Location of Thesis Examination

Room 1008 Elborn College

Degree

Doctor of Philosophy

Program

Health and Rehabilitation Sciences

Supervisor

Dr. Denise Connelly

Abstract

The increasing number of injurious falls amongst older people living in the community is continuously portrayed as a major public health problem facing the Canadian health care system. As additional resources are allocated for community-based fall prevention programs, health service providers are increasingly expected to understand and enact fall prevention in effective and meaningful ways. The aim of this two-phase interpretive phenomenological study was to enhance understandings of the taken-for-granted meanings that characterize everyday practices of community-based fall prevention in order to foster more sensitive, tactful, and meaningful approaches to fall prevention with older people.

In the first phase of this study, I engaged nine older people living independently in the community in individual phenomenological interviews to explore the meaning of the experience of anticipating falling. In the second phase of this study I engaged six health professionals working on a community outreach team in phenomenological interviews exploring the meaning of the experience of enacting fall prevention with older people in the community.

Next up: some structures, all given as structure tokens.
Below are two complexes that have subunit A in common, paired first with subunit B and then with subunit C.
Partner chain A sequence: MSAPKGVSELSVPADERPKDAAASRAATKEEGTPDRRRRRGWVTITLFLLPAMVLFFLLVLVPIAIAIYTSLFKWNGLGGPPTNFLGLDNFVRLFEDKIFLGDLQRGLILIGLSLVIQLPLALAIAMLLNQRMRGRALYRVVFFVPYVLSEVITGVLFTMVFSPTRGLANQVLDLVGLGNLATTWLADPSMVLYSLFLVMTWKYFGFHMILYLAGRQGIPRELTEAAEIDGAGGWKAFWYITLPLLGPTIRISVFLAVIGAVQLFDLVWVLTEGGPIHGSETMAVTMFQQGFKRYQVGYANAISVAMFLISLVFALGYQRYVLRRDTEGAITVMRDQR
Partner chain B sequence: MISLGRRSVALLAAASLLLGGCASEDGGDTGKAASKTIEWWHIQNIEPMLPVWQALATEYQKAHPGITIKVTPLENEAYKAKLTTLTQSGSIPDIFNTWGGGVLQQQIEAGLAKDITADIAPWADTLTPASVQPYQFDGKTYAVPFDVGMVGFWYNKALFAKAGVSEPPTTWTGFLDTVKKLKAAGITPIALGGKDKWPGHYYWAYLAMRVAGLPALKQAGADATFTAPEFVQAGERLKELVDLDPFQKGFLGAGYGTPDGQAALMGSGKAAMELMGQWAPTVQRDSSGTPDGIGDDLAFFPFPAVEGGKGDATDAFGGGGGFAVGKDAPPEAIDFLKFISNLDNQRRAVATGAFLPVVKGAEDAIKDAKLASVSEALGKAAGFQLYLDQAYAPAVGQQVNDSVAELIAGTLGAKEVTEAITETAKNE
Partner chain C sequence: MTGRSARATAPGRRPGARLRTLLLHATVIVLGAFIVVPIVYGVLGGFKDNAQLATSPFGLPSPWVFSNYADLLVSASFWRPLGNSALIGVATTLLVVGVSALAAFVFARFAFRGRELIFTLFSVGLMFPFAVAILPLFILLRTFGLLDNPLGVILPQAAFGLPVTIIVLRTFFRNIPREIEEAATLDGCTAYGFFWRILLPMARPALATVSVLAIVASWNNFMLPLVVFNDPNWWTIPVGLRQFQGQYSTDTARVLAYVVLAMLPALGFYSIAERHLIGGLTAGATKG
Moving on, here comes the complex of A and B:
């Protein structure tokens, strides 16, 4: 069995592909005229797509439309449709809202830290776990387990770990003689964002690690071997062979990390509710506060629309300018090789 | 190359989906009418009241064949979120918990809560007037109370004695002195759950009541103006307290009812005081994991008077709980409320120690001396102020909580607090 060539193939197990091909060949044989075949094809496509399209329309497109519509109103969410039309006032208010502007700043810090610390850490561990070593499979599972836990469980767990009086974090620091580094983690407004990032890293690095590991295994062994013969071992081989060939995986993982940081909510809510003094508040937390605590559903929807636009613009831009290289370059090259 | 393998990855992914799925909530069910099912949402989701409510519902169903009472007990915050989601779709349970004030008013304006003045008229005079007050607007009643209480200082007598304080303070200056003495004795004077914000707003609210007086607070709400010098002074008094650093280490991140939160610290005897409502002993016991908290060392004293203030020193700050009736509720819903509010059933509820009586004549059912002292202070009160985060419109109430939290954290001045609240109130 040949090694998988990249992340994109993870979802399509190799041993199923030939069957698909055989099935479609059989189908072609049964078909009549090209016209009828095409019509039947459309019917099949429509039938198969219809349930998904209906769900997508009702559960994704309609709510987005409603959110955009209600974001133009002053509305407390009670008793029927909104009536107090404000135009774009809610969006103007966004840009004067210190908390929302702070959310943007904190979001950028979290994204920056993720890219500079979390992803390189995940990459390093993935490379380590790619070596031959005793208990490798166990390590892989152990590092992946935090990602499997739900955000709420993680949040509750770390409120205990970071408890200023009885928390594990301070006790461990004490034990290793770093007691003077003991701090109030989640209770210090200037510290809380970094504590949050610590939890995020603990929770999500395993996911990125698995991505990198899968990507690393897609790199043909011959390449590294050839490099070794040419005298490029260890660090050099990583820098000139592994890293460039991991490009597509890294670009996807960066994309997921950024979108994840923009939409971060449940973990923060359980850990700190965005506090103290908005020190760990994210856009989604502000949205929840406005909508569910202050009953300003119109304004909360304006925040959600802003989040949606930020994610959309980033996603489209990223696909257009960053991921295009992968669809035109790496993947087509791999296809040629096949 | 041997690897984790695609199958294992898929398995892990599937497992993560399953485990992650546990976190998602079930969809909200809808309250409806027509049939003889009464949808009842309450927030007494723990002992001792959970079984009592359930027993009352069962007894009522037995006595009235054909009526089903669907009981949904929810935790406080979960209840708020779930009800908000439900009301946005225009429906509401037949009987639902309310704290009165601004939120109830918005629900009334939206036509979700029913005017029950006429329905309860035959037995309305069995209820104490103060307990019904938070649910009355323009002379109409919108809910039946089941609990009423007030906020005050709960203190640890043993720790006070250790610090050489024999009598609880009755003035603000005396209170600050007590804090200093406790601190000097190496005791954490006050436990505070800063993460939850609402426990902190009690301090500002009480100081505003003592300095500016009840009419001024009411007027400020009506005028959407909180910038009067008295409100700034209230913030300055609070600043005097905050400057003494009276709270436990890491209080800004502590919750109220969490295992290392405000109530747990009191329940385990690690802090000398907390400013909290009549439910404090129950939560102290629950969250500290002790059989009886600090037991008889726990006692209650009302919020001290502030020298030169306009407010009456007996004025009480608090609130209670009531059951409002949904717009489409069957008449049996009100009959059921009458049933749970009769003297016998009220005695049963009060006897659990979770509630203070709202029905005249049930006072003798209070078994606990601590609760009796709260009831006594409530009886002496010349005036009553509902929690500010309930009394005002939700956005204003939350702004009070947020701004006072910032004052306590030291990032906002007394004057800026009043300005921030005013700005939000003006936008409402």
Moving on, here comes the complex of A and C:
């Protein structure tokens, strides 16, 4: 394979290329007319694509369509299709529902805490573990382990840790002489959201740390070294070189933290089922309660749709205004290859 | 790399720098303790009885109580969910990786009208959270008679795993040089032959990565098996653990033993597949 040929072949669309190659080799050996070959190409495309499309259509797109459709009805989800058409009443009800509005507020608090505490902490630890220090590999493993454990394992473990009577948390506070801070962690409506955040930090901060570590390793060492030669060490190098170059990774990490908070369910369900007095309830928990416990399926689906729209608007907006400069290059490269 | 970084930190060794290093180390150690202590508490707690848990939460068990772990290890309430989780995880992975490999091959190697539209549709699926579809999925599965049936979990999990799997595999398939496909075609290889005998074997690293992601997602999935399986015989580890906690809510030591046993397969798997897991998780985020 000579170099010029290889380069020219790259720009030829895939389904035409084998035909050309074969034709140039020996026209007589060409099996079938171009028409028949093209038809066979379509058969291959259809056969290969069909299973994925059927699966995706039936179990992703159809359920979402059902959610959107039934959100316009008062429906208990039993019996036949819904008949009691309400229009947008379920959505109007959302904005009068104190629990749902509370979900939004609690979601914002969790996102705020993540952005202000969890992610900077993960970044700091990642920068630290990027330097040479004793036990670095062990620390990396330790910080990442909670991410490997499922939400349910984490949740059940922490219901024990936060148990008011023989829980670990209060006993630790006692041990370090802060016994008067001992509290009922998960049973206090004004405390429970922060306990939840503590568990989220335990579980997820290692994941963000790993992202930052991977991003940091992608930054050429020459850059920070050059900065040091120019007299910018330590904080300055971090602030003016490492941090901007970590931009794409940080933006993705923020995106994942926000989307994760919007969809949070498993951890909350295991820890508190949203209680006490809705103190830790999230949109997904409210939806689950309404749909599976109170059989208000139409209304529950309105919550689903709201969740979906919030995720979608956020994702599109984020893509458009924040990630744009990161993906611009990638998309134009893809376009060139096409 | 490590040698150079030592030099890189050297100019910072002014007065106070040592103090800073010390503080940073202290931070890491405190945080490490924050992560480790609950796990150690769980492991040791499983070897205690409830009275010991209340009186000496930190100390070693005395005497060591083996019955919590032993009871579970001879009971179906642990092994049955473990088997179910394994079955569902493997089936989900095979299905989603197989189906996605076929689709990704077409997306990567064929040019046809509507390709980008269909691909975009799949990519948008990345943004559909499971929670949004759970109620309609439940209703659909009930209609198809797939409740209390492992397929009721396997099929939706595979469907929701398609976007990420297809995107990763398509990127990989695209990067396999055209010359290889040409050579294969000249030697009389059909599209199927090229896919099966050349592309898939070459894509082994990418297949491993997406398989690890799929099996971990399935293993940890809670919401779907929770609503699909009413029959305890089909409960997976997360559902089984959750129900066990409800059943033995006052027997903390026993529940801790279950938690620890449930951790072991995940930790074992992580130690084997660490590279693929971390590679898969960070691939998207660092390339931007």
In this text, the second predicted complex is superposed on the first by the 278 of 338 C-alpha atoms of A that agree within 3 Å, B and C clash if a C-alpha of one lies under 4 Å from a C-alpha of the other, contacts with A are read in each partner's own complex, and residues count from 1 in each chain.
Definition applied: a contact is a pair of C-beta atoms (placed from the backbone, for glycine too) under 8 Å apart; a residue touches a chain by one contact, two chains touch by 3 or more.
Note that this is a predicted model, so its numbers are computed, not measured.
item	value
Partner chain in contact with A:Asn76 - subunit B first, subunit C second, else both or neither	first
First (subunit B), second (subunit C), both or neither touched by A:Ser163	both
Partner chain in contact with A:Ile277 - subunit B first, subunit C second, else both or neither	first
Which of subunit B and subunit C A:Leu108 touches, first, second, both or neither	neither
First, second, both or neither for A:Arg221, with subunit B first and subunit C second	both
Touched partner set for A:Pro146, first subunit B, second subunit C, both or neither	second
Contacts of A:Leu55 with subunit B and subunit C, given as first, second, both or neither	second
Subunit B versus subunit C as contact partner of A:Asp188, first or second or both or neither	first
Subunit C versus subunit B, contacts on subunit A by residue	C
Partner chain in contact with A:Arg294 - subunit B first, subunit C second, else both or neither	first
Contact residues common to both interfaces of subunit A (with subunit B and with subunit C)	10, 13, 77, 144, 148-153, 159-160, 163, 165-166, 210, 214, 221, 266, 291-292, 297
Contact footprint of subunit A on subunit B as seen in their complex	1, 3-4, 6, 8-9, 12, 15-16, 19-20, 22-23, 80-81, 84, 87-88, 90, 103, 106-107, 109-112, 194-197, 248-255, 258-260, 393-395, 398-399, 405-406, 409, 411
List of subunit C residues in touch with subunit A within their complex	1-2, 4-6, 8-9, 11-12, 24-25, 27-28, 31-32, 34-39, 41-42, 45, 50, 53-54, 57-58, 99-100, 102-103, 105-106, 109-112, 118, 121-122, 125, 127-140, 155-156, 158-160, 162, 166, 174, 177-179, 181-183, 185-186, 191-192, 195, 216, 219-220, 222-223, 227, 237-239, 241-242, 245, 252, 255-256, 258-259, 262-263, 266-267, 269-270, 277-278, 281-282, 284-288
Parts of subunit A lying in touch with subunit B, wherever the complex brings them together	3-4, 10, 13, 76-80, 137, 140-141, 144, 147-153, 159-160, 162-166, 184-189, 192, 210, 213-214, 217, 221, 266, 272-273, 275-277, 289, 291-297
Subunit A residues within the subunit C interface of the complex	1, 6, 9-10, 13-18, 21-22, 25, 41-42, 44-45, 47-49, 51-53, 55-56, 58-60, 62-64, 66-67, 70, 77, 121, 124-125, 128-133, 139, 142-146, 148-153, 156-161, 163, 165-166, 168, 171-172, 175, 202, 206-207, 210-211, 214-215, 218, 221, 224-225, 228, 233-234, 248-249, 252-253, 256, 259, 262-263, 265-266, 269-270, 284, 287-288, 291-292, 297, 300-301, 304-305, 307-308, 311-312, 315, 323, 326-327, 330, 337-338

The findings of this two-phase study overall give rise to four key insights that may inform the refinement of fall risk assessment and fall prevention practice for physiotherapists and other service providers. First, a phenomenological ethics of caring was central to enacting fall prevention for service providers in the community. Second, lived-identity was central to the experience of anticipating falling for older people. Third, meaningful risk-taking was essential to older peoples’ quality of life and enactment of their lived-identity. Finally, the meaning of anticipating falling was learned experientially through older peoples’ experience of falling or witnessing others experience falls. Understanding these key insights, service providers might seek to adopt a transformative learning approach to fall prevention that focuses on affirming an appreciative understanding of lived-identity, meaningful risk, and meaningful caution in older peoples’ lives. Erich Fromm’s distinction between having and being orientations to lived-identity may be used to provide insight into the enactment of such a transformative approach to fall prevention.

Included in

Physiotherapy Commons

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